In the first post of this series, we examined the primary differences between SharePoint farms in a multi-tenant environment like Microsoft’s Office 365 and in a private cloud provided by In this blog we’re going to take a closer look at the developer features missing from Office 365.

The following SharePoint 2013 features are not available in Office 365 Enterprise E3 or E4 plans, but are available in any SharePoint Server 2013 Enterprise hosted environment hosted by The following italicized text is quoted from

Missing Developer Features

  • BCS Profile Pages. Not available to SharePoint Online customers. Business Connectivity Services (BCS) provides a special WebParts page called Profile pages. Profile pages allows for BCS to display details of the external data in addition to its related external content types.
  • BCS Rich Client Integration. Not available to SharePoint Online customers. Business Connectivity Services (BCS) uses a complimentary client and server-side architecture that allows for Office clients, such as Outlook and Excel, to work directly with external data exposed to SharePoint through external content types. Learn more about Business Connectivity Services Client Runtime.
  • Custom Site Definitions. Not available to SharePoint Online customers. SharePoint Server 2013 customers can create their own site definitions that customize and extend standard SharePoint site templates. Learn more about creating custom site definitions.
  • Custom Site Provisioning. Not available to SharePoint Online customers. SharePoint Server 2013 customers get a quick and easy way for users to make their site requests and to start using their sites quickly.
  • Full Trust Solutions. Not available to SharePoint Online customers. SharePoint Server 2013 customers can create full-trust solutions. Also called farm solutions. Unlike apps for SharePoint, farm solutions contain code that is deployed to the SharePoint servers and makes calls to SharePoint’s server object model. These assemblies always run with full trust. Farm solutions should be used for customizations of SharePoint administrative functions, such as custom timer jobs, custom Windows PowerShell cmdlets, and extensions of Central Administration. Learn more about building farm solutions in SharePoint 2013.

No Trust

Of this list, the most significant missing feature of Office 365 is Full Trust Solutions. In some scenarios, farm solutions is the only possible choice when building custom applications for SharePoint. With Office 365, you are limited to developing SharePoint solutions as either an App (using SharePoint 2013’s new App model) or as a sandboxed feature. Sandbox features have been deprecated in SharePoint 2013 but still exist for backwards compatibility. For this reason, it is not recommended to create new sandbox solutions.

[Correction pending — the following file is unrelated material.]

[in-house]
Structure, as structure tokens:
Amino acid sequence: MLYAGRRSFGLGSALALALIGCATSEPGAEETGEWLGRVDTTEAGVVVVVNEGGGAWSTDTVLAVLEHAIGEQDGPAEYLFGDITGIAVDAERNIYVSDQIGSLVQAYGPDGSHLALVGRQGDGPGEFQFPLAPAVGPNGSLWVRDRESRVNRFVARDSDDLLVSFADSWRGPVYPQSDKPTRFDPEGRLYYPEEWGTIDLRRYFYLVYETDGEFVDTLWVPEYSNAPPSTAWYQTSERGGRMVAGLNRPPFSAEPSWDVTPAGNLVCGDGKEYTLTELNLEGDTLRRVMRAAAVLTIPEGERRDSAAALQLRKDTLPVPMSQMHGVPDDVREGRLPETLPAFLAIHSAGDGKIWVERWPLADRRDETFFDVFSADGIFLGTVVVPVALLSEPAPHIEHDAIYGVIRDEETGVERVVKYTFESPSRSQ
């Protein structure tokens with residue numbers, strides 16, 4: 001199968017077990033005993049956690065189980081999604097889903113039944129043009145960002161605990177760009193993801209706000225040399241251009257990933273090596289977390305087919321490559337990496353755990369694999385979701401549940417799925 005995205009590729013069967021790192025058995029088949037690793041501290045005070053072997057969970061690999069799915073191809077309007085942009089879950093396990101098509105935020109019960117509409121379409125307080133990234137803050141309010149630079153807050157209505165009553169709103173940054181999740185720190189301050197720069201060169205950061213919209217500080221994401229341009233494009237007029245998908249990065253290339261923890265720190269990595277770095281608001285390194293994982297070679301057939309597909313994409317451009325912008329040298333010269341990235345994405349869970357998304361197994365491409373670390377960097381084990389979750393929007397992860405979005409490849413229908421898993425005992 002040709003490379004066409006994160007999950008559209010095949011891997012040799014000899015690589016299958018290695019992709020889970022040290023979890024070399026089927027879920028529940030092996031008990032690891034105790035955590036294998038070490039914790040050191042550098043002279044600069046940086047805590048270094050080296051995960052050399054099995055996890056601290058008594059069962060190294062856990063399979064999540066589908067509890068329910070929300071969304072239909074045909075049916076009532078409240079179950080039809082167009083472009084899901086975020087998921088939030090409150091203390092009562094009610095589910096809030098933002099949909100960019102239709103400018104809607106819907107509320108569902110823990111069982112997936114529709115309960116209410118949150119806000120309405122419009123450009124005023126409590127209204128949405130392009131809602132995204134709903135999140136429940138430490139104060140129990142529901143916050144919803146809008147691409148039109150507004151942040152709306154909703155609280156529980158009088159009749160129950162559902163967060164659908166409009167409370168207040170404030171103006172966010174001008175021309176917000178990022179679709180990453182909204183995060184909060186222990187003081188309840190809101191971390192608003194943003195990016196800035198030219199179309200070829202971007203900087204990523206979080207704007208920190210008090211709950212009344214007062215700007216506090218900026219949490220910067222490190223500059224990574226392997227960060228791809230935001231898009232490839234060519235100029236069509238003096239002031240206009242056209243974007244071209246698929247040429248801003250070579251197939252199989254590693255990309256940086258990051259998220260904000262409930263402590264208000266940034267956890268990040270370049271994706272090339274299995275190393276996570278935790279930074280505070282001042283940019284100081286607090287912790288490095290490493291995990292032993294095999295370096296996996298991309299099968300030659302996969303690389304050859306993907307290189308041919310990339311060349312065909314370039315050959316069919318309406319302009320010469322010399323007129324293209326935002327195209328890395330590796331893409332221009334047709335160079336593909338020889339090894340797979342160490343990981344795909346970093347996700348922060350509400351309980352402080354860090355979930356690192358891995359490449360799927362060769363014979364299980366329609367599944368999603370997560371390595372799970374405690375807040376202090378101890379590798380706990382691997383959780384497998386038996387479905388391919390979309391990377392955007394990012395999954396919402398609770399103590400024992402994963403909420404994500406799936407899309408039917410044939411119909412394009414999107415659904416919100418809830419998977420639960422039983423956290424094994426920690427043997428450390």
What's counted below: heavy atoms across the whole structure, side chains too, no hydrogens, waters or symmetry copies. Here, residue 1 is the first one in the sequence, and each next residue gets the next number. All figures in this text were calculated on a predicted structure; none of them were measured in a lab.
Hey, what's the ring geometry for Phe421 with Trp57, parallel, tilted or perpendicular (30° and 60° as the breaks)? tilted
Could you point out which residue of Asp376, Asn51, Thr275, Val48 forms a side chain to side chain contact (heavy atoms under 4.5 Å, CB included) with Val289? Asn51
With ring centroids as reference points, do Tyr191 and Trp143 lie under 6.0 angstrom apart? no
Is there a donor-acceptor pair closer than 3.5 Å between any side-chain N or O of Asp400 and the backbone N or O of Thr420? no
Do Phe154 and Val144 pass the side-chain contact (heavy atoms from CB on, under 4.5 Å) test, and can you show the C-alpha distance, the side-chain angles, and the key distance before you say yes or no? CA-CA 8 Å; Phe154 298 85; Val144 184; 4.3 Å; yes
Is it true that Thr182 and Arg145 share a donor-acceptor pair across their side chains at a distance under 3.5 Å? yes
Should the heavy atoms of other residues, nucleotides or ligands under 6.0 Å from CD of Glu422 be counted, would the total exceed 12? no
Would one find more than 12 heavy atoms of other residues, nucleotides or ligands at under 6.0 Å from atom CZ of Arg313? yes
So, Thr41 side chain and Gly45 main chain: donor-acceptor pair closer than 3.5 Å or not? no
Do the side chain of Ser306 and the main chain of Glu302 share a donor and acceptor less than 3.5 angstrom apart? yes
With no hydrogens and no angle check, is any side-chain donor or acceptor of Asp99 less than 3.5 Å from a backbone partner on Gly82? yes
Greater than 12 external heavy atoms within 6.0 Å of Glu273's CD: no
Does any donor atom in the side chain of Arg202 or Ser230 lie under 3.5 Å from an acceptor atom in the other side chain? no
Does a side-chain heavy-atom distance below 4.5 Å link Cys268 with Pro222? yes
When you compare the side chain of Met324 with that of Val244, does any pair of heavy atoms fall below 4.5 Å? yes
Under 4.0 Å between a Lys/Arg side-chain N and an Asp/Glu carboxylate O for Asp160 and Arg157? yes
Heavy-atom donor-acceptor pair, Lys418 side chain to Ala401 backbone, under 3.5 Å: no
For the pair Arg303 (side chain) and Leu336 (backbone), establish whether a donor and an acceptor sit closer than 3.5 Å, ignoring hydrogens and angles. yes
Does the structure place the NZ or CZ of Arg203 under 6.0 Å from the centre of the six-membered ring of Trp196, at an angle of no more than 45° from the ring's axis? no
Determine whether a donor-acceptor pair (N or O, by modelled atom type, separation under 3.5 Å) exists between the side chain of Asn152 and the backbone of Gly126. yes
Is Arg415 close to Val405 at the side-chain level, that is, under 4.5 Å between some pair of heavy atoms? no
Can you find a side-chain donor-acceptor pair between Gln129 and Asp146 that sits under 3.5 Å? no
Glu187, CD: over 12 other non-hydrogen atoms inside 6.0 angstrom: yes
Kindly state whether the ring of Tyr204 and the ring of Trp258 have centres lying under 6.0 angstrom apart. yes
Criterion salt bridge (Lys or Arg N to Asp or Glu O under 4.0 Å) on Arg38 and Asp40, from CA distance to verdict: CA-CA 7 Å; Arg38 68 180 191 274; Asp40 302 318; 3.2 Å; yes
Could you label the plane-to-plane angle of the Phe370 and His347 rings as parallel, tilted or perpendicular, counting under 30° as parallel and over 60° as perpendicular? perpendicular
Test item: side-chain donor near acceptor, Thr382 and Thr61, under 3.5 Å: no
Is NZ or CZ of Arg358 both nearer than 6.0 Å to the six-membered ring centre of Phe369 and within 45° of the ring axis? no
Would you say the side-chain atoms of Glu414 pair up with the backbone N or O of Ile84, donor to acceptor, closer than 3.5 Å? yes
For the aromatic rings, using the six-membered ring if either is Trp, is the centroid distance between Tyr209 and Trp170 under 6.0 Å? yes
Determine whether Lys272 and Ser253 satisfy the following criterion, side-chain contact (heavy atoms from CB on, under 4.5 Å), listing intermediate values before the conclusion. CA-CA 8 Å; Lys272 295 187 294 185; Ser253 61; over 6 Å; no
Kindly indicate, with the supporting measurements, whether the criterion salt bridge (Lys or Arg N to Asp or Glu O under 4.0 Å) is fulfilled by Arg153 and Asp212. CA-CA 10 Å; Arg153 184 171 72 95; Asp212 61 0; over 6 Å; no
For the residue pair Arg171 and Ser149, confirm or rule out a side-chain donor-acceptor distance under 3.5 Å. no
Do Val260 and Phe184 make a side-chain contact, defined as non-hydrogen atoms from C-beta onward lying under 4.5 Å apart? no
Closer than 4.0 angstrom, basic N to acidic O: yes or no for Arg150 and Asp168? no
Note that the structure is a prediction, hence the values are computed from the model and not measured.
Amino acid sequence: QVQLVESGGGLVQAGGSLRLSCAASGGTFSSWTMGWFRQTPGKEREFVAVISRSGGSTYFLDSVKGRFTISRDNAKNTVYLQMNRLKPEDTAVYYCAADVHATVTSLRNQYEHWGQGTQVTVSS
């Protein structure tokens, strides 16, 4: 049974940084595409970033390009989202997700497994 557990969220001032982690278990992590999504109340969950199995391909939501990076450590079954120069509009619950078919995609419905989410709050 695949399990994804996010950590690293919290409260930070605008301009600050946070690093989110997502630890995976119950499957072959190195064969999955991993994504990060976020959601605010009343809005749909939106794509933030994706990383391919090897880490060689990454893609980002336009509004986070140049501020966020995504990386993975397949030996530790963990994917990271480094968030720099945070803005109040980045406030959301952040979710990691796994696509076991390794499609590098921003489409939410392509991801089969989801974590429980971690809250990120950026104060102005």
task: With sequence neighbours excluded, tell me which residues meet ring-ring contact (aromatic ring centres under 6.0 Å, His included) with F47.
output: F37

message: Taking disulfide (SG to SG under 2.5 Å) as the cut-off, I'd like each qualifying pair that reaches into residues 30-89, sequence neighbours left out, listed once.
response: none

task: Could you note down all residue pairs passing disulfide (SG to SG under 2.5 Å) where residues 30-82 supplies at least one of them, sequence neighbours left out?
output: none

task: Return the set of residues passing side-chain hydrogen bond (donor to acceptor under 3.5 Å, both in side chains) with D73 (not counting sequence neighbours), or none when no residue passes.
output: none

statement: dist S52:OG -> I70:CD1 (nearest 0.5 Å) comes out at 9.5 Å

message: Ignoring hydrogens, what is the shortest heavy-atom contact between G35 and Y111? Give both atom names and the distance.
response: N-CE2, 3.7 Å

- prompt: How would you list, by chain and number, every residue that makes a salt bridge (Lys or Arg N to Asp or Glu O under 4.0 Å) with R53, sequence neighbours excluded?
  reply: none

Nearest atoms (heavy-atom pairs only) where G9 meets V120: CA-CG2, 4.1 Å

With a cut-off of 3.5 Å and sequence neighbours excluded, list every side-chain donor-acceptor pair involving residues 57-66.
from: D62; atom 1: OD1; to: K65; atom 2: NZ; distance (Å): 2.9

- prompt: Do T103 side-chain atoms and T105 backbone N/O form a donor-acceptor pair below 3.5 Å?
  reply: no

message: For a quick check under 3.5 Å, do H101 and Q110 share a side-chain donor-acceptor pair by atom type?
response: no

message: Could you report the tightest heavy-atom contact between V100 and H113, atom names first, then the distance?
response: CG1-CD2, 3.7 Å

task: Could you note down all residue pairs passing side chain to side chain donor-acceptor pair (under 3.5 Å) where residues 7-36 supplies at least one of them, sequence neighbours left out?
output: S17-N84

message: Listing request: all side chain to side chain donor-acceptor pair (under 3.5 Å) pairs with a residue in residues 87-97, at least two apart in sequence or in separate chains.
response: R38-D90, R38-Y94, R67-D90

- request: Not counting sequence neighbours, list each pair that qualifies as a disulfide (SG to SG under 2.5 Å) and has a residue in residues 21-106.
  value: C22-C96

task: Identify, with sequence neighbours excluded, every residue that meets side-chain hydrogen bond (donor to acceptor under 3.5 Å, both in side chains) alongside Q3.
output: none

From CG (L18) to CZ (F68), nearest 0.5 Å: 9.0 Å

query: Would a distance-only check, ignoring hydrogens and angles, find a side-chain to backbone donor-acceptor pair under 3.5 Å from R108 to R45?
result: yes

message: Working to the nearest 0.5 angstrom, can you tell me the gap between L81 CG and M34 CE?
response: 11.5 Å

So really the question comes down to whether to use the App model or create a full trust solution. Regardless of where your SharePoint farm is (Office 365 or on-premises), it is recommended to use the App model whenever possible. provides the following succinct definition of an app: “An app for SharePoint is a small, easy-to-use, stand-alone app that solves a specific end-user or business need.” The primary advantages to creating an app are:

  • Runs isolated from the rest of the SharePoint farm
  • No SharePoint server-side code

These two points basically mean if there’s offending code, it will more than likely not impact the rest of your SharePoint farm. This also means there’s potential that apps “may cause considerable overhead.”

Although leveraging the App model is the preferred method of development when creating SharePoint solutions, sometimes it’s just too limited. If you want to do any of the following, you must develop a farm solution:

  • Create consistent branding across an entire SharePoint farm
  • Create a custom web part, application page, or ASP.NET user control
  • Create an extension of Central Administration
  • Create a timer job
  • Custom site definitions
  • Custom themes

Furthermore, Apps are scoped to the current site collection. A farm solution is installed to the solution store and can be deployed across multiple web applications and made available to any number of site collections.

So if you need to create a full trust solution in order to meet your business requirements, Office 365 is not an option. Because provides you full server control of your SharePoint Enterprise farm, you have the ability to choose to use the App model or to create a full trust solution. Basically, your developers will be happy because they can decide what works best for the requirement. Which will make your life easier, because you won’t have cranky developers…

This Doesn’t Apply To Me

I know some of you are saying that’s all fine and good, but I don’t have any in-house developers so what does all this matter?

Maybe you won’t be doing any in-house development or customization, but there are many 3rd party vendors that develop SharePoint Farm Solutions. Even if you don’t have immediate plans to use one, as your SharePoint farm grows, you may find a need to use a Vendor’s solution in the future. With Office 365, you are limited to your choices of solutions.

With an on-premises Enterprise plan from, you have the freedom to choose any available solution.


As you can see, with an Office 365 plan, you are limiting the Developer features available in SharePoint 2013. Most significantly, you are unable to use Full Trust Solutions. In the next entry of this series, we’ll examine the IT Pro Features that are unavailable in Office 365.